New York City

Charters Kicked Out

De Blasio strikes back

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In New York City, it is common for schools to share a building, or "co-locate," to save money in the high-rent city. But on February 27, the city's newly elected mayor Bill de Blasio reversed the Bloomberg administration's decision to allow three Success Academy charter schools to co-locate with public schools. Without a building, these schools cannot open next year.

Success Academy, which was featured in the 2010 documentary Waiting for Superman, is a particularly successful chain of independently run schools: 82 percent of its students met city math standards, compared to 30 percent citywide. Applications greatly exceed available spots. Most of the students are black or Hispanic and come from poor neighborhoods.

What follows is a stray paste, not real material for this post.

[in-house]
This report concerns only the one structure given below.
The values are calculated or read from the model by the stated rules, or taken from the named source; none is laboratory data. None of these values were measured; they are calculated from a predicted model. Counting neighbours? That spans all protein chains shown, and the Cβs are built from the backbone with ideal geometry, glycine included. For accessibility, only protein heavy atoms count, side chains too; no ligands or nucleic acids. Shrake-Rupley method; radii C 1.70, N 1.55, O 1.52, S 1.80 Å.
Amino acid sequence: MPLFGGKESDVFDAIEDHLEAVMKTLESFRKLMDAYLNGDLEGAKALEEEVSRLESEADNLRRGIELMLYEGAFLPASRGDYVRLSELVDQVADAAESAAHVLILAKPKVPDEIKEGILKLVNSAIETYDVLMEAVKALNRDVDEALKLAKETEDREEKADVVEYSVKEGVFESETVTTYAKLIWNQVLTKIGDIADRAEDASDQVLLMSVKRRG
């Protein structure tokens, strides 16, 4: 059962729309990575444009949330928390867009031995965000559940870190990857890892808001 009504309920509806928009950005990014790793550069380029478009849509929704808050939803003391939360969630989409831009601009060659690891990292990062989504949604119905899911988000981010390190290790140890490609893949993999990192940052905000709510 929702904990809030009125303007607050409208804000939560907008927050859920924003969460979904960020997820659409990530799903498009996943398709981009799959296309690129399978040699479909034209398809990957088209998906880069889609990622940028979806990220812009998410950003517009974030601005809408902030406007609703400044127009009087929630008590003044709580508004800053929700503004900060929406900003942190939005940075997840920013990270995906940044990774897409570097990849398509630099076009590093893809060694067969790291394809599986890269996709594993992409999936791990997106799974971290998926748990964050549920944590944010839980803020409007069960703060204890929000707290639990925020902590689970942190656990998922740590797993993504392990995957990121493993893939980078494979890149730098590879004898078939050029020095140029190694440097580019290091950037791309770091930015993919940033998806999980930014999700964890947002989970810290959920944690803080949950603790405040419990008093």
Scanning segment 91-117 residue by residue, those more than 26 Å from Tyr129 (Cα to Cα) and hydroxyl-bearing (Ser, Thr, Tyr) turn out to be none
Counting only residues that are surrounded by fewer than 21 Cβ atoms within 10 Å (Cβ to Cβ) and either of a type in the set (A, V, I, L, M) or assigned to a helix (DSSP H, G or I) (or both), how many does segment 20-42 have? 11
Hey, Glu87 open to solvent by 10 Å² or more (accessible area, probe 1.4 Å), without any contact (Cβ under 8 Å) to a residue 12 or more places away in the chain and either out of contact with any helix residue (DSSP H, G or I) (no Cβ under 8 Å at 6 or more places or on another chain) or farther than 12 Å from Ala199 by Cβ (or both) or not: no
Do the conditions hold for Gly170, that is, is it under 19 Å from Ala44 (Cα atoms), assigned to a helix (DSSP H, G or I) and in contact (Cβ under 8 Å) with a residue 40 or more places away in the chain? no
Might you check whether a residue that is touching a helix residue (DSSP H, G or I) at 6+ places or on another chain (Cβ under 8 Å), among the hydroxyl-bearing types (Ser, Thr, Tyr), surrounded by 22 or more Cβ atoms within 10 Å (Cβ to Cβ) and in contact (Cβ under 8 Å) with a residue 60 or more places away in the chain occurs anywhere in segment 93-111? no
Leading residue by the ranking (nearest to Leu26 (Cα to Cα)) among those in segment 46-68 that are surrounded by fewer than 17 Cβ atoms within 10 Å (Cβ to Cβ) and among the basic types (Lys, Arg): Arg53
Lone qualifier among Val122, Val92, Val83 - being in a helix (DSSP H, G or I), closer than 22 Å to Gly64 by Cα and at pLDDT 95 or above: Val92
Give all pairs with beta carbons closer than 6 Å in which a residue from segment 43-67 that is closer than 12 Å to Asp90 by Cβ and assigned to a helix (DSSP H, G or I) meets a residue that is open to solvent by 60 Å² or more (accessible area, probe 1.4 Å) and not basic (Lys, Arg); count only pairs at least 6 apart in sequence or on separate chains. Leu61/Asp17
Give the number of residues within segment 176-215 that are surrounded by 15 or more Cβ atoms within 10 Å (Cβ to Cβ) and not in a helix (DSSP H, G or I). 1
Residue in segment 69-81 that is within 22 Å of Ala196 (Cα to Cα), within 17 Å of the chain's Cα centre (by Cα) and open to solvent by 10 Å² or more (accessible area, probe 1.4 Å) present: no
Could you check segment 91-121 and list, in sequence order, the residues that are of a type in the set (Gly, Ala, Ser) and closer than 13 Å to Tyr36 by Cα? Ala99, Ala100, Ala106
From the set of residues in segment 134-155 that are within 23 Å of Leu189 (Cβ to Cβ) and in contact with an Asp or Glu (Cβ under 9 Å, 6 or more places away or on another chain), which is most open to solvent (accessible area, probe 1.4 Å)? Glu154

"You're stopping one of the best charter schools with the highest grades," Dyreeta Donahue, mother of a Success Academy student, told Reason TV. "That just doesn't make sense. If the school was failing, then I would understand."

Stifling charter schools was one of De Blasio's popular campaign promises, applauded by unions and parents who believe charter schools are diverting funds from public institutions. The tension stems from a broader ideological war between traditional public school and school choice advocates.

Despite local setbacks and petty political battles, parents are lining up across the country for choice. In Albany, the New York state capital, 11,000 demonstrators gathered to protest de Blasio's decision. Success Academy plans to file legal complaints against the city Department of Education.

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